‘This is home’

Multi-generational housing complex connects seniors with young families

May 25, 2011 | Focus On | Number 11
By Emily Loewen, Special to Canadian Mennonite
St. Clair O’Connor residents Julia Bringau, Jane Huggins, Mae King, Joyce Cockburn and Doris Cullen enjoy the community’s tea room, a place where residents and the public can enjoy a drink or shop for gifts.

As Canada’s population ages at an ever-faster pace, Toronto’s St. Clair O’Connor Community may hold the key to keeping seniors independent longer, and teaching young people to respect their elders. Since opening in 1983, the community has provided family townhouses, independent apartments for seniors and a nursing home all under one roof.



Residents can live their entire lives here, moving from one level of care to the next, says executive director Susan Gallant.



Started by Danforth Mennonite and Toronto United Mennonite churches as a place for their seniors to live, the community is now home to many from outside those congregations. And while housing children and seniors in one place begets some challenges, it benefits both the seniors and families who call it home.



Just a child when her family moved into the community, Shea Brown now lives in one of the townhouses with her own son, Patrick. She sees him and other children learning respect for seniors in the intergenerational environment. “It’s made them sensitive,” Brown says, “because the elderly kind of get forgotten, and here it’s in your face, so you’re more likely to do something kind when you see somebody who’s having trouble walking.”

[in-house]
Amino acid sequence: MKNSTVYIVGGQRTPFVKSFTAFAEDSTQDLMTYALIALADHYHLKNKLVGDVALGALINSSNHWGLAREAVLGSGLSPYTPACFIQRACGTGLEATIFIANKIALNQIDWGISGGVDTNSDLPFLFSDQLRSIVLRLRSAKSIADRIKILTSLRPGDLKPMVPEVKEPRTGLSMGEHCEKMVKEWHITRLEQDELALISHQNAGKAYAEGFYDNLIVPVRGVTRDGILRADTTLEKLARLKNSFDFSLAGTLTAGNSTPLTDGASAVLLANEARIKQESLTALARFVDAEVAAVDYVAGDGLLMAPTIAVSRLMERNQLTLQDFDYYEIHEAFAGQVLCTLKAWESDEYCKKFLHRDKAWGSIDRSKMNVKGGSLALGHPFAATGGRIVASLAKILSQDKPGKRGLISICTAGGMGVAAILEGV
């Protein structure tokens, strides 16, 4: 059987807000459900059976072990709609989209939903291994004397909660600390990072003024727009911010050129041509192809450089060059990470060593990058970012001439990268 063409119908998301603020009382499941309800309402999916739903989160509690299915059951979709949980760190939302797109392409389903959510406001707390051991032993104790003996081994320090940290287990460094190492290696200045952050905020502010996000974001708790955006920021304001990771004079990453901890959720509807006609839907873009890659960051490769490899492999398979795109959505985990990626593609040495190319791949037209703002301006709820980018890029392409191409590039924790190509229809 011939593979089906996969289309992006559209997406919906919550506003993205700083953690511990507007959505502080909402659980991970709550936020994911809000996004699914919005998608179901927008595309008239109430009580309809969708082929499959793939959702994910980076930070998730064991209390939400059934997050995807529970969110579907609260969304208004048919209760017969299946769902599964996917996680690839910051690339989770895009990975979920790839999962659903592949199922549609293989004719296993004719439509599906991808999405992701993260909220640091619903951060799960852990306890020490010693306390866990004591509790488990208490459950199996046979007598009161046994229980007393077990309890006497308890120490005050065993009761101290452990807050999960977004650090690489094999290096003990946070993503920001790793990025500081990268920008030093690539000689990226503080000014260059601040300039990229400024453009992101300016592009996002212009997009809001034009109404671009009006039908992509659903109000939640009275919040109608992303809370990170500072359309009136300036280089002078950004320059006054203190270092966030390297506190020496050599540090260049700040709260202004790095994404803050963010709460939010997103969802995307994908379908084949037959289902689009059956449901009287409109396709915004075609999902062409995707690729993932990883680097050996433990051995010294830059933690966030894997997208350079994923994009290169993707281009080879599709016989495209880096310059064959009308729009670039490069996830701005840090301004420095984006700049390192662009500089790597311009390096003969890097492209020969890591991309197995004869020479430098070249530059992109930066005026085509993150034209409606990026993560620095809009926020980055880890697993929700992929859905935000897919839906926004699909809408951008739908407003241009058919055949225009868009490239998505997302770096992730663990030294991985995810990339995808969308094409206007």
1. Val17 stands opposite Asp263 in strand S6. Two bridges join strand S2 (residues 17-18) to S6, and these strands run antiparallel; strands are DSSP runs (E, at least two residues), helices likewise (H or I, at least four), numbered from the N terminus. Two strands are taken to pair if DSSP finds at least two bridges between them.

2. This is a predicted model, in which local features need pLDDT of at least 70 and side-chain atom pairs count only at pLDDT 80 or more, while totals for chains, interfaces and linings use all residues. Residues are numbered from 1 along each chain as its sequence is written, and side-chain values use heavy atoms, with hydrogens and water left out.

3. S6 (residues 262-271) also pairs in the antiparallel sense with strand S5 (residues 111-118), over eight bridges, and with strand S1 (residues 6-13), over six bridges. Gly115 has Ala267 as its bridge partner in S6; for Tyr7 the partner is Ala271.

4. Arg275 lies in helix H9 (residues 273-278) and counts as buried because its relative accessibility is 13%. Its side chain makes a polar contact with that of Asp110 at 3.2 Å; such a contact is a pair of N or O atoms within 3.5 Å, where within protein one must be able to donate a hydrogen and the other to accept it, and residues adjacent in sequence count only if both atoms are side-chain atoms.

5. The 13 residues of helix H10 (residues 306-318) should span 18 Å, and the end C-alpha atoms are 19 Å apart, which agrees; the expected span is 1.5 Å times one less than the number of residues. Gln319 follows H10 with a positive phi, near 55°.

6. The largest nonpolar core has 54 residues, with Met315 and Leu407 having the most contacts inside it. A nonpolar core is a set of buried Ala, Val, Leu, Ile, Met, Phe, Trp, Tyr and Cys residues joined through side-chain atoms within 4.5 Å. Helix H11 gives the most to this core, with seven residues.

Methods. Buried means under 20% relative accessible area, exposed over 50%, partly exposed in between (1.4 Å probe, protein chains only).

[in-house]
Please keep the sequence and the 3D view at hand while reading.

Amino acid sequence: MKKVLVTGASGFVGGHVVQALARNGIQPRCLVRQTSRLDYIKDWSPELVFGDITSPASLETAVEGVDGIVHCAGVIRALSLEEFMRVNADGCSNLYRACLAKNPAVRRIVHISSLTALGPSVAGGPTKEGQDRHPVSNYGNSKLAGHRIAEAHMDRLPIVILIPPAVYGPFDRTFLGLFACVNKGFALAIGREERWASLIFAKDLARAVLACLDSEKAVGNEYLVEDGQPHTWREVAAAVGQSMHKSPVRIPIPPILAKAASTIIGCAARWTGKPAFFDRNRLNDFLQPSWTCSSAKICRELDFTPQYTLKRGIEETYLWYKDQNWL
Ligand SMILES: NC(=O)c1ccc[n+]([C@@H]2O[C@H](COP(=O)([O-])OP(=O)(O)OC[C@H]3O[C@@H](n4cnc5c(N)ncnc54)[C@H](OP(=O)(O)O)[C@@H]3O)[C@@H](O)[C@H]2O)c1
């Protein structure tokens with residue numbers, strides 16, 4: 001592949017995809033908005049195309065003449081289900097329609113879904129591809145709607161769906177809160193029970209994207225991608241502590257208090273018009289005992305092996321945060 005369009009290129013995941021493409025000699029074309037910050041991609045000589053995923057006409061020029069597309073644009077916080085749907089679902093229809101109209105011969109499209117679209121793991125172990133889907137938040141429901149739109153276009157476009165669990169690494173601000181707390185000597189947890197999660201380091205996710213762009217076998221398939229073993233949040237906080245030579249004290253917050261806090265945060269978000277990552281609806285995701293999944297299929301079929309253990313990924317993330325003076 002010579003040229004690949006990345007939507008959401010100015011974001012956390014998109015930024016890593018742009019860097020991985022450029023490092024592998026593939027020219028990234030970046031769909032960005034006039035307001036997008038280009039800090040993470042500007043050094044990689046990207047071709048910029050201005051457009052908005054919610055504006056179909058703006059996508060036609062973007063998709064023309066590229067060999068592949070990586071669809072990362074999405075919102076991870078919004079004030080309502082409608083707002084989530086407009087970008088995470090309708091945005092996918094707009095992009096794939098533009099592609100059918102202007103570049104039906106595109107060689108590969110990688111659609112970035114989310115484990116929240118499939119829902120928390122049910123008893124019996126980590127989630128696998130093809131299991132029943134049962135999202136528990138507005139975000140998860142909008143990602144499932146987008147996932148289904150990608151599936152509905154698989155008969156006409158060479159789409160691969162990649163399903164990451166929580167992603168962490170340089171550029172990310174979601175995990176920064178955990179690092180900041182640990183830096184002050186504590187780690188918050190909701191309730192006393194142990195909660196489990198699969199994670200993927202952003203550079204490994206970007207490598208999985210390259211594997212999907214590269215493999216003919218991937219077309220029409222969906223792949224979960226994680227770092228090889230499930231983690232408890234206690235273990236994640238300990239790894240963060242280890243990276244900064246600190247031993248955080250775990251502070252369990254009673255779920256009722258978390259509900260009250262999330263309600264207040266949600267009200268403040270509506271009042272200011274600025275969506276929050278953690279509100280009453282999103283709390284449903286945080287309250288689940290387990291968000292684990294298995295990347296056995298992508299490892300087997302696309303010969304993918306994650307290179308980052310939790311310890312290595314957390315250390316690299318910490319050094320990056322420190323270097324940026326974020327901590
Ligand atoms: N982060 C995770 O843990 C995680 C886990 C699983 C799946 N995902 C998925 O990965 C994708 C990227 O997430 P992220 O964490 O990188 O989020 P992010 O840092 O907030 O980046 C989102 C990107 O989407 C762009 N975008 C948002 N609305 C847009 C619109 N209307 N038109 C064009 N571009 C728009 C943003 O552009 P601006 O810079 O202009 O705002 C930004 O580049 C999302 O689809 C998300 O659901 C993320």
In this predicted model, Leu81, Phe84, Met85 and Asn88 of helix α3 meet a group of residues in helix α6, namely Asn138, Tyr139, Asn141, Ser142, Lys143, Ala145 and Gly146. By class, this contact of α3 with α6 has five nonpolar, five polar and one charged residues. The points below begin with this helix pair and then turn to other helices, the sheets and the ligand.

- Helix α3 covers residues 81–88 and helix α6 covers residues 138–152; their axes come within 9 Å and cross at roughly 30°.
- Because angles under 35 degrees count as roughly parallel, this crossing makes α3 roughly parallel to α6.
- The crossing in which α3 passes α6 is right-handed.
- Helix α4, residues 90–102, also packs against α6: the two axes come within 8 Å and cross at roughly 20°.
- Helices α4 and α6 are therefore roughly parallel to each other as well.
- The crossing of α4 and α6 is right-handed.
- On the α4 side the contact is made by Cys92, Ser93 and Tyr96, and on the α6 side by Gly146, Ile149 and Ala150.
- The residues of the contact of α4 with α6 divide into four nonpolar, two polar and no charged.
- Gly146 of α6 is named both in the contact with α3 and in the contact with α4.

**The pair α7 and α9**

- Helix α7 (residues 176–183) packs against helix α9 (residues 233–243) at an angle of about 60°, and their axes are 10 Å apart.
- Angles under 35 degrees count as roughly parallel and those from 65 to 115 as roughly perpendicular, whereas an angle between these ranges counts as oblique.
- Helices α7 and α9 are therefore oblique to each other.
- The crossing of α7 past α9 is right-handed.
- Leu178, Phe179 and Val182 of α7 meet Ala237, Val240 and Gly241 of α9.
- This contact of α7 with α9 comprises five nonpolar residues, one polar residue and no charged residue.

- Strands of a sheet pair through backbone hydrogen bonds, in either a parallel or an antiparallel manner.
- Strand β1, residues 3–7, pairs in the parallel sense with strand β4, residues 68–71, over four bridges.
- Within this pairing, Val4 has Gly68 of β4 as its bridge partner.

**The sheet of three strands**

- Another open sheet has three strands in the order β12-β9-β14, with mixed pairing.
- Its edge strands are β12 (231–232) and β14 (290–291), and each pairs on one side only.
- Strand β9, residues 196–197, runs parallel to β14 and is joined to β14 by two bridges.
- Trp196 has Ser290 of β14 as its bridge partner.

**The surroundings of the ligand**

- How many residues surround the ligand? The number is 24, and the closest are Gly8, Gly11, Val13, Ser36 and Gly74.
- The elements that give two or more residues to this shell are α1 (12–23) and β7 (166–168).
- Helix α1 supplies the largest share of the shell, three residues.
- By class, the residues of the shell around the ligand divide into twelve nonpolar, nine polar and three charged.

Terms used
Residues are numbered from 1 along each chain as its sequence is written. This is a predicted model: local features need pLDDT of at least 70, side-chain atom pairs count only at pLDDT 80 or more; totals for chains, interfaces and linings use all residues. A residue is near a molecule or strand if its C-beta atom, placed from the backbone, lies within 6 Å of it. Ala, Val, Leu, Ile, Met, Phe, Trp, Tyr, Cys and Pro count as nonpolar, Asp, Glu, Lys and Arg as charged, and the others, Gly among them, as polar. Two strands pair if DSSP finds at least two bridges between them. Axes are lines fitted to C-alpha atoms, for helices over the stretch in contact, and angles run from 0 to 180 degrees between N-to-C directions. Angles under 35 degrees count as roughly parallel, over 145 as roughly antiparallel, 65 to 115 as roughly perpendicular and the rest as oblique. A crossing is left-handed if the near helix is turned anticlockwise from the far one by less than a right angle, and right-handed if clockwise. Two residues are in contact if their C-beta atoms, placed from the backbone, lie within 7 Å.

The community also helps senior residents. Because it provides health services in private apartments, many are able to live on their own longer than they could otherwise. The community also has a tea room for casual socialization, planned activities, a pool for physical exercise, a chaplain and a group of residents who make the community stand out.



For Roberta Eyton-Jones, a 10-year resident, bigger complexes don’t have the people who make St. Clair O’Connor feel like a community. “It’s very impersonal, it’s very institutional looking, very polished and it’s not home,” she says of another residence. “It wouldn’t be home to me. This is home.”



And while she doesn’t have close relationships with many of the children, Eyton-Jones enjoys having them around. “You see the children here, you hear the laughter,” she says of the backyard in summertime. “You see them playing and so forth, and that’s nice.” Eyton-Jones describes it as a bit like living with family: “You’re not always together, but you enjoy seeing them nearby.”



Family is a common theme at St. Clair O’Connor. Despite the natural clashes that arise—like children trampling carefully tended flower beds—it gives people a chance to adopt a family member when their own might live across the country. That attitude makes this place unique for Pauline Campbell, resident and volunteer services manager. Whether it looks like staff supporting seniors or the other way around, “there’s a lot of heart in here, a lot of people that want to help each other and support each other,” she says.

St. Clair O’Connor residents Julia Bringau, Jane Huggins, Mae King, Joyce Cockburn and Doris Cullen enjoy the community’s tea room, a place where residents and the public can enjoy a drink or shop for gifts.

Aquafit classes led by Linda DeHaan, front, help St. Clair O’Connor residents Norman Tom, Janet Grant, Pat Cavanagh, Pat Murray and John Harpen stay active

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